Compiling Qemu with KQemu to Run Windows 98 on Debian Sid

For those of you who don’t already know qemu is a fast and free emulator comparable with VMWare. Of course there are Debian packages available which you could just install as usual but they do not include the closed source kernel module (kqemu) which provides major performance enhancements. So we will compile qemu from source.

Compiling qemu from source

Fetch the qemu source code from the webpage and compile it according to the documentation.

Adjust the configure flag as you like, for example I basically just need support for i386 and since Debian Sid is now using GCC 4.x but qemu doesn’t yet compile with it. I had to point it to an older version as follows:

cd /tmp
tar zxvf qemu-0.7.2.tar.gz
cd qemu-0.7.2
tar zxvf /tmp/kqemu-0.7.2.tar.gz
./configure --cc=/usr/bin/gcc-3.3 --target-list=i386-softmmu

# and as root
make install

To meet a few dependencies I had to further install the two following packages.

apt-get  install libsdl1.2-dev
apt-get install zlib1g-dev

Per default qemu will be installed in /usr/local, a new device node /dev/kqemu should automatically be created. If this is not the case you should do it manually.

mknod --mode=0666 /dev/kqemu c 250 0

Preparing the kernel for network support via tun/tap devices

If you want your virtual machine connected to the host there are two different ways to accomplish this. One is with the -user-net command line switch which will set up a DHCP server for you (refer to the documentation for further information), the other is to use tun/tap devices. For the latter you obviously need tun/tap support activated in your kernel, below are the relevant settings.

 Symbol: TUN [=y]
 Prompt: Universal TUN/TAP device driver support
   Defined at drivers/net/Kconfig:85
   Depends on: NETDEVICES
     -> Device Drivers
       -> Network device support
         -> Network device support (NETDEVICES [=y])
   Selects: CRC32

Afterwards you may have to set appropriate permissions for your /dev/net/tun device.

chgrp users /dev/net/tun
chmod 660 /dev/net/tun

Creating a virtual disk image

Qemu uses a file to represent the content of the virtual hard disk which can be created as follows.

qemu-img create -f raw win98.img 1000M

The file will grow as more software gets installed to the system.

Installing Windows 98 from a bootable CD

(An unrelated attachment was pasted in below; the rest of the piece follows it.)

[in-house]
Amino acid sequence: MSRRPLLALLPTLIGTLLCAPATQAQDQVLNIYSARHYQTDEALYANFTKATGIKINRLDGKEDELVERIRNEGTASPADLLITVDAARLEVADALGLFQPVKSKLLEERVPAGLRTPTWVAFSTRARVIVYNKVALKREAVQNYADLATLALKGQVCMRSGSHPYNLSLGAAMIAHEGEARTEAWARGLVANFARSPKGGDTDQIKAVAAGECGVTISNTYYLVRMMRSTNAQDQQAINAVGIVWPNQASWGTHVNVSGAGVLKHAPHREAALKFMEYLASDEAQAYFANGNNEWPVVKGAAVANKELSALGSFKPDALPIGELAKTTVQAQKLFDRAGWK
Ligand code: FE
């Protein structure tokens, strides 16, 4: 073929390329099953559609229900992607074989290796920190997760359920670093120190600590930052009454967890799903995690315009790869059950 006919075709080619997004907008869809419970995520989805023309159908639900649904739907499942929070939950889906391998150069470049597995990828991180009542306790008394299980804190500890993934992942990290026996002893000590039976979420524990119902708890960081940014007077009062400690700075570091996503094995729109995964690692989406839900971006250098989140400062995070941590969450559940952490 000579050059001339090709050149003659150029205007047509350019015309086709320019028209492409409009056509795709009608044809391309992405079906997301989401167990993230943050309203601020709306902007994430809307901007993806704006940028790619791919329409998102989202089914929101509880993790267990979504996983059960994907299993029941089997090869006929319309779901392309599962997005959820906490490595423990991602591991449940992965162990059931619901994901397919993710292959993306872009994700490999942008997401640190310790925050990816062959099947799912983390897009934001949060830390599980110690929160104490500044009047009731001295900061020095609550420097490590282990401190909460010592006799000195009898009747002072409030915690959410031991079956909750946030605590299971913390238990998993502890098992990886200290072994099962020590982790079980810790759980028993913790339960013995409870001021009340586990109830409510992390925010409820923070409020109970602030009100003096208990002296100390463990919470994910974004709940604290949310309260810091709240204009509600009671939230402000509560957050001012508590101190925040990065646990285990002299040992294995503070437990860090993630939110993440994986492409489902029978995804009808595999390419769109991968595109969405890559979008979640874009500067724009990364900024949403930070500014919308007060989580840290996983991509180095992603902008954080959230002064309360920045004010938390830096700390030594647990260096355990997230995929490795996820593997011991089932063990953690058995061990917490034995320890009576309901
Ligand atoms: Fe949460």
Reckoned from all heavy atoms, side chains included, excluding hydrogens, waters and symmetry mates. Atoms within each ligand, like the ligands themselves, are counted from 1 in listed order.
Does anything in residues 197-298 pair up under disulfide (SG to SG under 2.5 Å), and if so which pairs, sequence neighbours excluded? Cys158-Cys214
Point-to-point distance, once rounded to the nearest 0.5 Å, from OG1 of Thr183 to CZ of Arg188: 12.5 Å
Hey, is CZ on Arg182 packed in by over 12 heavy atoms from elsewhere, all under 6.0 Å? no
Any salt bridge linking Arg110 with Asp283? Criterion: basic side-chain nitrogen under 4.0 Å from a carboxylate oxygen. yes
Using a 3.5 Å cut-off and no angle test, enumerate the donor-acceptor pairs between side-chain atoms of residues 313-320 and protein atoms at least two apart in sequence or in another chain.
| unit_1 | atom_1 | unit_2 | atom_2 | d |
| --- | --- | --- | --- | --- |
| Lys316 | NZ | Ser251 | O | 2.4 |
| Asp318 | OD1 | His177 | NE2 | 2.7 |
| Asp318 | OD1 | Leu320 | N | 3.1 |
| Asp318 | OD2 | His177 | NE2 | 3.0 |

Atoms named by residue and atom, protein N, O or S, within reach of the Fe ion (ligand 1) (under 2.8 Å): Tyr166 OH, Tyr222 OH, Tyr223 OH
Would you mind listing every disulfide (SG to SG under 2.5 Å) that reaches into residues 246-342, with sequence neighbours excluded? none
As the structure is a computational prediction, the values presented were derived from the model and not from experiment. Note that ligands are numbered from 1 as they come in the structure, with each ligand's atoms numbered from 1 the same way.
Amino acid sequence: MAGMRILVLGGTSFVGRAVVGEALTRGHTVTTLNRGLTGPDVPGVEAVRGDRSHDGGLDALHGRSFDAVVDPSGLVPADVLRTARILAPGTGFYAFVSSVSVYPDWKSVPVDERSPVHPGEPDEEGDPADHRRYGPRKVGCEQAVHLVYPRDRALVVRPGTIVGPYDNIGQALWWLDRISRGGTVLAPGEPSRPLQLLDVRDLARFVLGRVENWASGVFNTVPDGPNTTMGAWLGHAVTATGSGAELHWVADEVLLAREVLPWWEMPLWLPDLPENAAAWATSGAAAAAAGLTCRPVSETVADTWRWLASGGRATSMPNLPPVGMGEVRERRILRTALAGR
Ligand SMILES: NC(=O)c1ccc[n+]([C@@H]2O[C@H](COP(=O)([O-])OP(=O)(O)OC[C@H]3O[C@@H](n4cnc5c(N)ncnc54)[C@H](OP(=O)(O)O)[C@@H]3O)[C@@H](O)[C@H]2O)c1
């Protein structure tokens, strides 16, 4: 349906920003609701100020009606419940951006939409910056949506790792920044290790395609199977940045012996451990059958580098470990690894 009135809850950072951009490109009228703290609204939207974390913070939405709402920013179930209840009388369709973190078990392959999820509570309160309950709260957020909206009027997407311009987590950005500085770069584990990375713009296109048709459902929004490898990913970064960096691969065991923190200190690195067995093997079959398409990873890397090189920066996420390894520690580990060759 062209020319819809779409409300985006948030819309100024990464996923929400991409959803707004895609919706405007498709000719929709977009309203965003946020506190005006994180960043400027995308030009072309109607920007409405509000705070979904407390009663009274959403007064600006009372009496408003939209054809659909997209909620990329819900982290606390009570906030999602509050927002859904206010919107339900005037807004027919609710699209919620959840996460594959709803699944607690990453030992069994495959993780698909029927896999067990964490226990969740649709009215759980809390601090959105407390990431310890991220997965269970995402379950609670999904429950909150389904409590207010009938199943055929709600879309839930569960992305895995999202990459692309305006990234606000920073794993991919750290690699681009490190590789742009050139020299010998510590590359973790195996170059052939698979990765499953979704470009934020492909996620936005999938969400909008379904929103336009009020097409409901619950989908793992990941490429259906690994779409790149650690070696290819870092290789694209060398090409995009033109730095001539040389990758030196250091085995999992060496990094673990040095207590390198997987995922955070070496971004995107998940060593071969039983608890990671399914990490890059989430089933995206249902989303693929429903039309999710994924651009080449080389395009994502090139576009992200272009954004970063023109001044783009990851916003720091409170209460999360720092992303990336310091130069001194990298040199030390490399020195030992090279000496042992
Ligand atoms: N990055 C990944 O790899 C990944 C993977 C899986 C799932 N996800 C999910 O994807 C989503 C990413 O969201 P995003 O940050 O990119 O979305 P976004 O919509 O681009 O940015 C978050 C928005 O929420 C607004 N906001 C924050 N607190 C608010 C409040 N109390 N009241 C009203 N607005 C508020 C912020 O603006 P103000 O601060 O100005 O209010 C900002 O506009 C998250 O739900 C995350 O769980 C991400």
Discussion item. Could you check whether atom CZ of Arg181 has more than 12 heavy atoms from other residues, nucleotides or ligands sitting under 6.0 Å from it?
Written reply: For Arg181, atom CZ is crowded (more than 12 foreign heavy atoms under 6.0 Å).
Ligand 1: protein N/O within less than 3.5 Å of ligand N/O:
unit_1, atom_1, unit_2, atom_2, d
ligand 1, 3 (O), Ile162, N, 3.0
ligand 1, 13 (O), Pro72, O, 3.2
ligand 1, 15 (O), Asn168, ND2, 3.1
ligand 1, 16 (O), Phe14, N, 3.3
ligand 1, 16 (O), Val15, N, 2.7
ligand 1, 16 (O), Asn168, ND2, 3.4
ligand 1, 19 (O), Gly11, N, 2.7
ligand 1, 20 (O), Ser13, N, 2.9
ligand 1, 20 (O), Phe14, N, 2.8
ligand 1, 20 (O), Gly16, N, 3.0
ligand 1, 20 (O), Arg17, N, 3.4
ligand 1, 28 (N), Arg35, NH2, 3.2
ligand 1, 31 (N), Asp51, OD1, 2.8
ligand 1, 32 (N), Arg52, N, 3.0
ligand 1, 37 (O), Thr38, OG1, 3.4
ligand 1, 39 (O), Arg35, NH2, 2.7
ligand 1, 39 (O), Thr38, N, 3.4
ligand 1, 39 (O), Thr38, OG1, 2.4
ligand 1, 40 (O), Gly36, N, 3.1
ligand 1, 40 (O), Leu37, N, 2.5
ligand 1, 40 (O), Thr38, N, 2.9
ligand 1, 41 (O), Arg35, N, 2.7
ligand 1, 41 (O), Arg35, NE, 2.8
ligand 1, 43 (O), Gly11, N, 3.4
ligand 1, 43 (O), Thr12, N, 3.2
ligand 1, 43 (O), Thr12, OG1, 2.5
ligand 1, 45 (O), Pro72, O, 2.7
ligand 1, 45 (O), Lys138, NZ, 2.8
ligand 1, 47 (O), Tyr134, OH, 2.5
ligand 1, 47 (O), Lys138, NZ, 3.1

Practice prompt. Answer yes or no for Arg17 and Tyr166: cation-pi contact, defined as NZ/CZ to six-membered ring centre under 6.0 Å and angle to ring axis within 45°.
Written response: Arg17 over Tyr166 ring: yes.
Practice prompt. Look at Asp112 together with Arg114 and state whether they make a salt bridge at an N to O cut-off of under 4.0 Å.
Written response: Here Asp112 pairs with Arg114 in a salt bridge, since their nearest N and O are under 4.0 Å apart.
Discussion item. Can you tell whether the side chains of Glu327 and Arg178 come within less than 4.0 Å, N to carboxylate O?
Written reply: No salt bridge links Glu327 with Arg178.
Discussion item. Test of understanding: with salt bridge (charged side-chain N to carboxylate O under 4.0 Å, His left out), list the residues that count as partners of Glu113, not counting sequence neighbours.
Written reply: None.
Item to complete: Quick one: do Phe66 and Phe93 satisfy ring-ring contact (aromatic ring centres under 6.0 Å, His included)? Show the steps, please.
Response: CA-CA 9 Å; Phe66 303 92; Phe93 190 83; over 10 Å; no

To install Windows you can either boot from the CD or use a boot floppy if you don’t have one download one from here.

Then run qemu with the floppy drive and virtual disk image connected and let it boot from floopy (-boot a).

Make sure that you launch the newly compiled qemu which per default is located in /usr/local/bin.

qemu -hda win98.img -fda /dev/fd0 -boot a

With slightly different options qemu boots from CD.

qemu -hda win98.img -cdrom /dev/hdc -boot d

Additionally you can add an option for your keyboard layout for example

-k de-ch

take a look in /usr/locale/share/qemu/keymaps for valid values.

When Windows first boots up go to the command line by pressing Shift+F5 and create an empty primary partition on the hard disk with fdisk, then reboot and proceed with the installation from CD-ROM as you would do it on a normal computer.

I would recommend to keep the cdrom drive connected to the VM until you successfully logged in the system for the first time, because Windows will need various drivers from it.

When the installation is completed you can boot your image with the command below.

qemu -hda win98.img -boot c

You will probably notice that with Windows 98 as guest the CPU load is very high even if you do nothing special in your VM, this is a known problem and here is the solution.

Qemu monitor

If you want to change the cdrom while your VM is running then switch to the QEMU monitor by pressing Ctrl+Alt+2 and issue the following command.

eject cdrom
change cdrom /dev/cdrom

you can see the changes with

info block

to switch back to the VM use Ctrl+Alt+1

Set up networking for the virual machine

My network looks like this.

+-------------------------+                 +----------------------+
| host pc with debian/sid | ==============> | Router with NAT/DHCP |
|  eth0:   |                 |     |
|  tun0:   |                 +----------------------+
|  gw:   |                            ||
|  dns:   |                            ||
+-------------------------+                            /
            /                                    +----------+
            ||                                    | Internet |
            ||                                    +----------+
| qemu with windows 98    |
|  eth0:   |
|  gw:   |
|  dns:   |

So I had to set up a iptables rule to translate the 192.168.2.x IPs so that the internet is accessible from the Windows box.

Qemu will try to execute /etc/qemu-ifup on startup to configure the tun device. The commands in there need root privileges so I created another file called /etc/qemu-net-config containing the following.

# $1 => tun0

/sbin/ifconfig $1 up
echo "1" >/proc/sys/net/ipv4/ip_forward
iptables -t nat -A POSTROUTING -o eth0 -j MASQUERADE

Then I configured sudo to allow the user to execute this file without prompting for a password. Therefore my /etc/qemu-ifup (which gets executed by qemu) look like this.


sudo /etc/qemu-net-config $1

As a last step, I had to configure the network in Windows IP:, gateway: and finally DNS:

With this setup everything worked as expected. After the initial configuration of your VM I would recommend to make a copy of your disk image so you can always switch back to a clean install.

Hope you get it to work too. As a last point I would like to mention the free OS zoo which provides various ready-to-run qemu images.